One of the best aspects of traveling has been meeting perfect strangers and making new friends. Through a cousin we made contact with a couple on Vancouver Island, ¬†Alan and Sandy Philip. One thing leading to another they invited our brood of six to stay in their home. They would have let us stay longer…but we like to leave a place with people still liking us:) They showed us interesting features of the area like an eco village called O.U.R Ecovillage. Alan & Sandy have a lot of interesting things going of their own…like a solar powered¬†cistern for irrigating their permaculture gardens, the beginnings of a food forest, and homemade wines. Being experienced grandparents, our kids had a ball with them and were very reluctant to leave their (and ours) new friends, Alan & Sandy.

Ferry rides to Vancouver Island, B.C. and Seattle, Washington

We took one ferry ride with just our truck…to stay at Alan & Sandy’s home on Vancouver Island. A couple of days later we took a ferry across the Puget Sound with truck and trailer to cross over to Seattle and start our trek back east.


Jon and Katy Nasvik, Sun Valley, Idaho

My husband has proven he has a knack for finding interesting people. Back in January, when he attended the World of Concrete Convention, he met and talked to a guy named Jon. Again, with one thing leading to another he told Jon of our travels and also told Jon he’d like to visit him sometime in our travels…

So several months later we are driving up to another home of somebody I have never met, someone I haven’t even talked to. I will admit that I had some reservations about the people who lived in this gorgeous, concrete, piece of art, house. My fears were quickly allayed as I felt the warmth coming from Jon and Katy, and their kids, Sophie & Nate. Their home emanated love, fun and peace. A pioneer of decorative concrete as far back as the 70’s, Jon is a concrete artist. Nate was thrilled to observe some of his techniques and to see a concrete craftsman at work. Their home is a featured cover article in Concrete Construction Magazine, February 2011. A bonus of our stay there was that Katy is interested in nutrition and we got a kick out of trying new things in the kitchen and eating them together as two families. There were a few tears on our kids part when we left, they had so much fun playing with Sophie and Nate.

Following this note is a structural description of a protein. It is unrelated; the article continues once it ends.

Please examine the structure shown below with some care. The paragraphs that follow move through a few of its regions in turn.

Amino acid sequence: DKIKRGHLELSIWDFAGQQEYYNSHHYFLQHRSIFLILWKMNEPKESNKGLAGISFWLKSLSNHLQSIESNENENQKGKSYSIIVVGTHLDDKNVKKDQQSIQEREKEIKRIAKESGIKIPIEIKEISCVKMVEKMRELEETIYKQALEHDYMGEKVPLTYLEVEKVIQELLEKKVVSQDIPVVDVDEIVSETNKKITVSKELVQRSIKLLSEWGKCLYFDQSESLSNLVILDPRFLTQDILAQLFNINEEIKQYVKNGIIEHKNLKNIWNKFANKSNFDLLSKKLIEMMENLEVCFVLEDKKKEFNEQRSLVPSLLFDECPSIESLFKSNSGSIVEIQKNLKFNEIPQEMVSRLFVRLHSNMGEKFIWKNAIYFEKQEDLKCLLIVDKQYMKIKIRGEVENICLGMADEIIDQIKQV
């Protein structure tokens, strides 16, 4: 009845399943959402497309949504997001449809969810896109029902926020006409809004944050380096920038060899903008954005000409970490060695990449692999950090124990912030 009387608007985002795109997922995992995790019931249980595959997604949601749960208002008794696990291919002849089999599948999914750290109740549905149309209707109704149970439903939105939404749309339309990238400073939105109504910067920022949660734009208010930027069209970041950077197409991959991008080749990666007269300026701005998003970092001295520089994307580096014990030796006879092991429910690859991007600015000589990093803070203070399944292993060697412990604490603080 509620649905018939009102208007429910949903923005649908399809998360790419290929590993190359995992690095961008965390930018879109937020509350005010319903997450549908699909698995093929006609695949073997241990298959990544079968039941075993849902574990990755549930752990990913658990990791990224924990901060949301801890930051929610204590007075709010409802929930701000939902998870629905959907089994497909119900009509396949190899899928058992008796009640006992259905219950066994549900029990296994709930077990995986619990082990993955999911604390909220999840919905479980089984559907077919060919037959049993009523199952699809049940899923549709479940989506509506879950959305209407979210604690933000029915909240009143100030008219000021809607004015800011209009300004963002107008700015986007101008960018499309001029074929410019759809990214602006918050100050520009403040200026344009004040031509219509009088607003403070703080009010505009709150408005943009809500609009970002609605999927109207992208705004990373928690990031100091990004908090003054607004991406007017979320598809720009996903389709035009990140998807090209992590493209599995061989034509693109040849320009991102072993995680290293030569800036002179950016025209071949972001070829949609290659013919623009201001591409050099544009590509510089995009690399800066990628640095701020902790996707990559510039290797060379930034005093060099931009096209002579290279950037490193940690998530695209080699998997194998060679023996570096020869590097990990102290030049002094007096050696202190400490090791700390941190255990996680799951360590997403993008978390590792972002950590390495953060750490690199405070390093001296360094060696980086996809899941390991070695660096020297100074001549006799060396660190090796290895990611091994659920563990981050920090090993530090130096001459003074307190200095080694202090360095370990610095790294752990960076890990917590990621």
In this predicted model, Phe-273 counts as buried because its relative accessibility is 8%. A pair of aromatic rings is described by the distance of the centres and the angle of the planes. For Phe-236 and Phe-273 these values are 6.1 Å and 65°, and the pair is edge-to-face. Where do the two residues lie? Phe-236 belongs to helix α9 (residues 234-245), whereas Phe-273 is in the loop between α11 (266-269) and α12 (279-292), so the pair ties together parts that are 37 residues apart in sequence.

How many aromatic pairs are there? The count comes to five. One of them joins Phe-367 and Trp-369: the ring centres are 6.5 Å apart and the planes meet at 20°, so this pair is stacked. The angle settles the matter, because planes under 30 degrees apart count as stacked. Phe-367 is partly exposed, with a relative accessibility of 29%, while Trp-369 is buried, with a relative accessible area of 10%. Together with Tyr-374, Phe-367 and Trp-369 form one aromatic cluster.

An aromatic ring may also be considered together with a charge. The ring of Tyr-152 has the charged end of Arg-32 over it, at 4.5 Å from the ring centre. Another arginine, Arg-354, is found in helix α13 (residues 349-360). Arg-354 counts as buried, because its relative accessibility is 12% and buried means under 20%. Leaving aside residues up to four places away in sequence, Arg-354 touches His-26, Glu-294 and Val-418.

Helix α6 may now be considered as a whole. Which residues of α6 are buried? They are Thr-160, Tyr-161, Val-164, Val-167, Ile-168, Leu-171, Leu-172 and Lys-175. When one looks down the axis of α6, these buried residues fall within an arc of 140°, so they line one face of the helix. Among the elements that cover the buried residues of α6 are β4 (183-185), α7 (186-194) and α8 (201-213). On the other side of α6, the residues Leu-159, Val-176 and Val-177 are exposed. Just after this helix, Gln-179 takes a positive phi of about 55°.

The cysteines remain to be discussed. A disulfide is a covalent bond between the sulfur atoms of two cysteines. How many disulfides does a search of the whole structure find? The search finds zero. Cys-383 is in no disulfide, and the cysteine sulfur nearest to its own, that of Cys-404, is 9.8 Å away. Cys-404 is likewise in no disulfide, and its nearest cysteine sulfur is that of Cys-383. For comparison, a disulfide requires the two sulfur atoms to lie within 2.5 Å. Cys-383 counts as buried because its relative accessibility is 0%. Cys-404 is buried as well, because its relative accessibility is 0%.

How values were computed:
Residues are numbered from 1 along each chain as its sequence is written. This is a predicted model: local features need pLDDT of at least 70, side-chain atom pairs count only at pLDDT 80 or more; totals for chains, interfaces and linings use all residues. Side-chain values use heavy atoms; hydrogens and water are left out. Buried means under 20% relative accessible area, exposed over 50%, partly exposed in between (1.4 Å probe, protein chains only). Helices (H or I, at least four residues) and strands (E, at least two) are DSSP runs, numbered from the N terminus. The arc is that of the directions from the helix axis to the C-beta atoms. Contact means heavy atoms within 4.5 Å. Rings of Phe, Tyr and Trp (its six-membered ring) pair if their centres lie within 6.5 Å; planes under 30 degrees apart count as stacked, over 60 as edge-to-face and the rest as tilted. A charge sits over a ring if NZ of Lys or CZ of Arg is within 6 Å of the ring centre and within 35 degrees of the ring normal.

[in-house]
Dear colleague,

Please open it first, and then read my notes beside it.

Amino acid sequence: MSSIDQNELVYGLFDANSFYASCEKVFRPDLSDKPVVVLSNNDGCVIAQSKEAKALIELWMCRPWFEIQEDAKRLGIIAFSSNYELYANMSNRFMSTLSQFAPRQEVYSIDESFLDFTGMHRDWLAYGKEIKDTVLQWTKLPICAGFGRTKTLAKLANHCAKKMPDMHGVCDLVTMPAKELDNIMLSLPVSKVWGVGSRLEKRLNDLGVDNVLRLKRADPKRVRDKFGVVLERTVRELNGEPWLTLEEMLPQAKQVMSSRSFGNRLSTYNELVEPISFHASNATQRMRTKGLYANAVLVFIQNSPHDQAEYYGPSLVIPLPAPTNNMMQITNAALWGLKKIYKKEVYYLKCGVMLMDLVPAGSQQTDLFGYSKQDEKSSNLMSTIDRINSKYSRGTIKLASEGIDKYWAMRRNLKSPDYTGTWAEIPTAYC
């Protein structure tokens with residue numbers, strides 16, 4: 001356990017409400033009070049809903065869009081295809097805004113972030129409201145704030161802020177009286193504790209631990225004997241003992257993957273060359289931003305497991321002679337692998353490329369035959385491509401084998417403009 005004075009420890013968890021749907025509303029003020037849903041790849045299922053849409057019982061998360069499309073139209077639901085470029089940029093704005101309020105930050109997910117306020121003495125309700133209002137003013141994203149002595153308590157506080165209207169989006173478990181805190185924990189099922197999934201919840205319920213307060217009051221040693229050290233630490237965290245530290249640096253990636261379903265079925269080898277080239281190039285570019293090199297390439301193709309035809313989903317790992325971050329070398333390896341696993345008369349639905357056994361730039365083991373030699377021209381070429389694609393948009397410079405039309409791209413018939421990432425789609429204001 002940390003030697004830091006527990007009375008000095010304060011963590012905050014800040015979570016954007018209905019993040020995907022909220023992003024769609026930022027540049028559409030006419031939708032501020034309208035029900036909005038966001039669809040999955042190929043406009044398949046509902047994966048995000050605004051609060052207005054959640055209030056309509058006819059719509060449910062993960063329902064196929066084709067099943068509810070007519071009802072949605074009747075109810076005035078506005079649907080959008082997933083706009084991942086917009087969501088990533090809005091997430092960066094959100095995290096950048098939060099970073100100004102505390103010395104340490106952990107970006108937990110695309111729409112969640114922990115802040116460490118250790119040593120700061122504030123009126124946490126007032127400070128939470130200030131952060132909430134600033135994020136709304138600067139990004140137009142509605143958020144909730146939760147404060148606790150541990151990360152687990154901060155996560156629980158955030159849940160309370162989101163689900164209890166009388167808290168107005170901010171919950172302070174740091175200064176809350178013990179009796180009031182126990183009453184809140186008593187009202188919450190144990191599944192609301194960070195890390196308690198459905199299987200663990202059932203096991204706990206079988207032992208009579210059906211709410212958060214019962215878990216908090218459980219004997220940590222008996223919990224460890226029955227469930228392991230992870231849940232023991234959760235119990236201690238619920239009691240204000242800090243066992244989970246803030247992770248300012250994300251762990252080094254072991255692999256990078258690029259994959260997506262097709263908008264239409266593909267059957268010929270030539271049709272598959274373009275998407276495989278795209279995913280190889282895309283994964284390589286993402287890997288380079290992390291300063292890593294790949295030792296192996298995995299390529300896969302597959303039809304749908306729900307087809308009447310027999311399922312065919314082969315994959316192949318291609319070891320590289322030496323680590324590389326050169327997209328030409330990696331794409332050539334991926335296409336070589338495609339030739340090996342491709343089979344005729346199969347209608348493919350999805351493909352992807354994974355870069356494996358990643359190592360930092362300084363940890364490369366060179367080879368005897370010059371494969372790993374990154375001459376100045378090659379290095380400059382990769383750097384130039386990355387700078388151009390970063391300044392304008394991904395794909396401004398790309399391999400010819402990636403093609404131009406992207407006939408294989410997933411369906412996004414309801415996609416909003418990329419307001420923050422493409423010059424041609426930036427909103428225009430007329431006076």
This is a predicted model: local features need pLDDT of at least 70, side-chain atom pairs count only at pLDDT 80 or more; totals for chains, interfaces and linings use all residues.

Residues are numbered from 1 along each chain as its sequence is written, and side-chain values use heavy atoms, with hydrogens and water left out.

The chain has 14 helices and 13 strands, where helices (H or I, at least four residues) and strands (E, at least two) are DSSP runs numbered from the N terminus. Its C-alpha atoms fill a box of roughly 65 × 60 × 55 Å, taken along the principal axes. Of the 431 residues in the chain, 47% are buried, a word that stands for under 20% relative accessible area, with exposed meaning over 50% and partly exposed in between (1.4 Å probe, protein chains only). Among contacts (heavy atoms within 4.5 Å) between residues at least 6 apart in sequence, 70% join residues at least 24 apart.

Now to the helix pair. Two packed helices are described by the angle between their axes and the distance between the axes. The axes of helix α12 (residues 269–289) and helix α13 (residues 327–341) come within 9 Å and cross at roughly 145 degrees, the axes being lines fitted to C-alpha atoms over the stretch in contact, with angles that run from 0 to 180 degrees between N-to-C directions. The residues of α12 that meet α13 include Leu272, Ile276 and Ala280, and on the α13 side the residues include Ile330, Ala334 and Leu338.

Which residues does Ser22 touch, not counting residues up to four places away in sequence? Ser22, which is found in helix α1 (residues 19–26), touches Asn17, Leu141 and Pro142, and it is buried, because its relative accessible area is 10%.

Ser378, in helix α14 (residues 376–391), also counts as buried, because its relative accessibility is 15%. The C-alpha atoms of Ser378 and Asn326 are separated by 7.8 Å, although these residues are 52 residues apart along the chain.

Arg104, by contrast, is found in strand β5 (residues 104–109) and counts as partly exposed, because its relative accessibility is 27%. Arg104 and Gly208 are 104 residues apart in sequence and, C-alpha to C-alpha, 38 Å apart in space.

So here I leave you, as we explore Yellowstone National Park. We are also entertaining thoughts of visiting another current stranger/future friend on our way through South Dakota. I’ll be in touch. ūüôā

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Chaffin Family Orchards

Three wonderful weeks at Chaffin Family Orchards in Oroville, CA have come to a close. After over 2 months in California we are now exploring the wild coasts and farmlands of Oregon.

Chaffin Family Orchards, just to recap, is a 2,000 acre northern California farm. On those 2,000 acres they have 100 year old olive trees, citrus trees and many other fruit trees. The farm has a butte called Tabletop Mountain and it’s own lake. They also raise goats, chickens, sheep and beef. Everyone has more than one job. For instance, the goats serve as both brush control in the orchards as well as meat on the table. ¬†The family’s son, Josh, has his own chicken breeding program and hatchery setup. Of particular note is that the farm is Certified Predator Friendly, meaning that their farming practices don’t infringe on the native mountain lions, bears, coyotes and other critters. They protect with electric fence and guard dogs that are raised and live with the livestock.

Our time at Chaffin flew by. Nate seemed to be an asset with his carpentry skills. Under his hands, and the boy’s, eight chicken yurts were repaired or built from scratch. He also constructed a special egg-mobile (see pictures below) that will be able to go between the rows of orchard trees instead of just around the perimeter.

The kids were able to have their fill of wide open spaces, tree climbing, fort building, cuddling and caring for animals of all sorts, catching salamanders and squirrels, earning money in the garden, and seeing another family that is eating the same healing diet we are:) We also celebrated Animal Lover’s 4th birthday up on the Tabletop Mountain with a cookout and bonfire.